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Place-making and student identity in fieldwork learning

Project leader(s): 
Sarah Davies

The aims of this project are to evaluate student experiences of learning at field schools and to explore the connections between students’ conceptions of and engagement with ‘in the field’ learning, their (developing) identity as environmental scientists and the understanding of these concepts by OU academic teaching staff as professional environmental scientists and ecologists.

Fieldwork is seen as a crucial part of environmental science practice by academics and by professional bodies, such as the Institution of Environmental Sciences. Fieldwork learning is important for acquiring knowledge and for data collection, but also for engagement with learning and in developing attitudes, beliefs, and personal and transferable skills (Boyle et al, 2009; Kent et al, 1997). As such, it can be seen as part of becoming an environmental scientist and joining that community of practice.

Fieldwork has long been part of OU environmental science teaching, with technological developments over the past few years allowing us to explore ways of making this valuable ‘in the field’ learning more accessible to students. Whilst assessments of these interventions have been carried out, there is a need for further understanding of students’ experiences and engagement with fieldwork learning across the Hydrology and Meteorology and Vegetation and Soils field schools in the SXF206 Environmental Science module. 

SXF206 fieldschools are ‘place-based’ environmental learning experiences, a factor that may be of particular relevance to distance learning students that are not often otherwise collocated during their studies. I propose to explore whether concepts of ‘place-based education’ (Smith, 2017) and ‘place-based’ ecology (Billick and Price, 2010) can be useful for helping to understand the processes of fieldwork learning engagement and identity development.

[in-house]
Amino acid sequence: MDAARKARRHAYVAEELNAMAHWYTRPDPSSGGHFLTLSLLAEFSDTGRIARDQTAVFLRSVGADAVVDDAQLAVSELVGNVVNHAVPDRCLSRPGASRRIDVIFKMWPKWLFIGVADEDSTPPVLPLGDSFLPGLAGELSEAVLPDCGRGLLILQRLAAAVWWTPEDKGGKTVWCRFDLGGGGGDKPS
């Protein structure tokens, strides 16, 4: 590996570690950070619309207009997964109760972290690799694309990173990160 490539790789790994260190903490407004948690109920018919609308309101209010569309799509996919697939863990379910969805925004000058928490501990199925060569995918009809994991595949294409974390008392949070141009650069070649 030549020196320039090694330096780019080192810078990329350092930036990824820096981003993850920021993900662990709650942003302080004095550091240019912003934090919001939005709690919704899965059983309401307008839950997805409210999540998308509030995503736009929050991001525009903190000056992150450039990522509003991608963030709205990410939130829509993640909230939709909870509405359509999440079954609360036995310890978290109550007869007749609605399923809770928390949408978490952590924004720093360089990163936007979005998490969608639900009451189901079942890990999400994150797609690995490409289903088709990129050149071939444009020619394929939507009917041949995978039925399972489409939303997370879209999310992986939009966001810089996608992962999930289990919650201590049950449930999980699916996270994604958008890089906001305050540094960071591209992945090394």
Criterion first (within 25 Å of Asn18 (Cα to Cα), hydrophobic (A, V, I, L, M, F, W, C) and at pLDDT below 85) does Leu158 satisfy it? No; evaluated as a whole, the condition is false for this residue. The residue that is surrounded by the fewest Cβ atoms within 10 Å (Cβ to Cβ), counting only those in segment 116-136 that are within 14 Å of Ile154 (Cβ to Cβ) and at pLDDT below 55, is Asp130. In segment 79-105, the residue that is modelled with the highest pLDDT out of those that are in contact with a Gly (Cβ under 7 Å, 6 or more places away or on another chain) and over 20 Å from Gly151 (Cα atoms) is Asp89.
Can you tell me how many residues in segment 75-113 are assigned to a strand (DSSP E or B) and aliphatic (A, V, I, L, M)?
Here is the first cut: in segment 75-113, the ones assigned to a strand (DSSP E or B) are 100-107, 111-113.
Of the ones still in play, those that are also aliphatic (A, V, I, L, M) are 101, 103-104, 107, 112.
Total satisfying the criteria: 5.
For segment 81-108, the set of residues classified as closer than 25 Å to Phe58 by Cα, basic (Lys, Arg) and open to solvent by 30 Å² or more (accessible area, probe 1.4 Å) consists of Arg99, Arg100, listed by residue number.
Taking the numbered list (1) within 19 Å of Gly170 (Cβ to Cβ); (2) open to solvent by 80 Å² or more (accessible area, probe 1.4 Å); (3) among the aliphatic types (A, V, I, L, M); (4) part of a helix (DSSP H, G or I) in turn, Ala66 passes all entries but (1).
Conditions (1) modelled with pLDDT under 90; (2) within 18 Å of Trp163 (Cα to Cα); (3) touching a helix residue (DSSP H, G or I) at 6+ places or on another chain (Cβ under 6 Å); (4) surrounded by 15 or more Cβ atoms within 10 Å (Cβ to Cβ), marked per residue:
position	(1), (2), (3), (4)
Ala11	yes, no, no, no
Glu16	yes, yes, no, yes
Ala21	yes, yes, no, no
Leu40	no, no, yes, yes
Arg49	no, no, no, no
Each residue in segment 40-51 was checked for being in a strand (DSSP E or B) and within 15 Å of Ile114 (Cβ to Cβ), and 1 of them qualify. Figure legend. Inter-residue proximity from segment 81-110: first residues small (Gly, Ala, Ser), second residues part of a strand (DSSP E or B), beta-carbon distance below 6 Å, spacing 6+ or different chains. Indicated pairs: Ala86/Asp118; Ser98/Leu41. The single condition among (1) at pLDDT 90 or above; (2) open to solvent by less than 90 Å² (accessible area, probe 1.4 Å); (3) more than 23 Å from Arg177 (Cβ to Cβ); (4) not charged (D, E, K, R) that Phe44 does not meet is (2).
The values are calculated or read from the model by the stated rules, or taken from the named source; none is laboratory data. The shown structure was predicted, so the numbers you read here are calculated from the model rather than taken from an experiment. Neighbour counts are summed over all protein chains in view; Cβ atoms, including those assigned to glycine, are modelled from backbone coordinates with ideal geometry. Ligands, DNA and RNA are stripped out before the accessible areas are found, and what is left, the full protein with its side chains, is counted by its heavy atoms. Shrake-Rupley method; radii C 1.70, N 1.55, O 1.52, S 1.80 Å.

The research questions for this project are:

  • What are students’ perceptions and experiences of place-based fieldwork learning in SXF206?
  • What role does ‘in the field’ learning play in students’ (developing) identity as environmental scientists?
  • How do staff professional identities and conceptions of fieldwork impact their teaching and student experiences?

The project will have two phases across two module presentations (SXF206 18J and 19J), with outputs of the first phase feeding into the review of 18J field teaching and the second phase investigating the 19J presentation.


Billick, I. and Price, M. V. (Eds) (2010) “The Ecology of Place: Contributions of Place-Based Research to Ecological Understanding” University of Chicago Press

Boyle, A., Maguire, S., Martin, A., Milsom, C., Nash, R., Rawlinson, S. and Conchie, S. (2007). Fieldwork is good: The student perception and the affective domain. Journal of Geography in Higher Education, 31(2), 299–317.

Kent, M., Gilbertson, D.D. & Hunt, C.O., (1997) Fieldwork in geography teaching: A critical review of the literature and approaches. Journal of Geography in Higher Education, 21(3), pp.37–41.

Smith, G.  (2017, July 27). Place-Based Education. Oxford Research Encyclopedia of Education. Ed.   Retrieved 23 Aug. 2018, from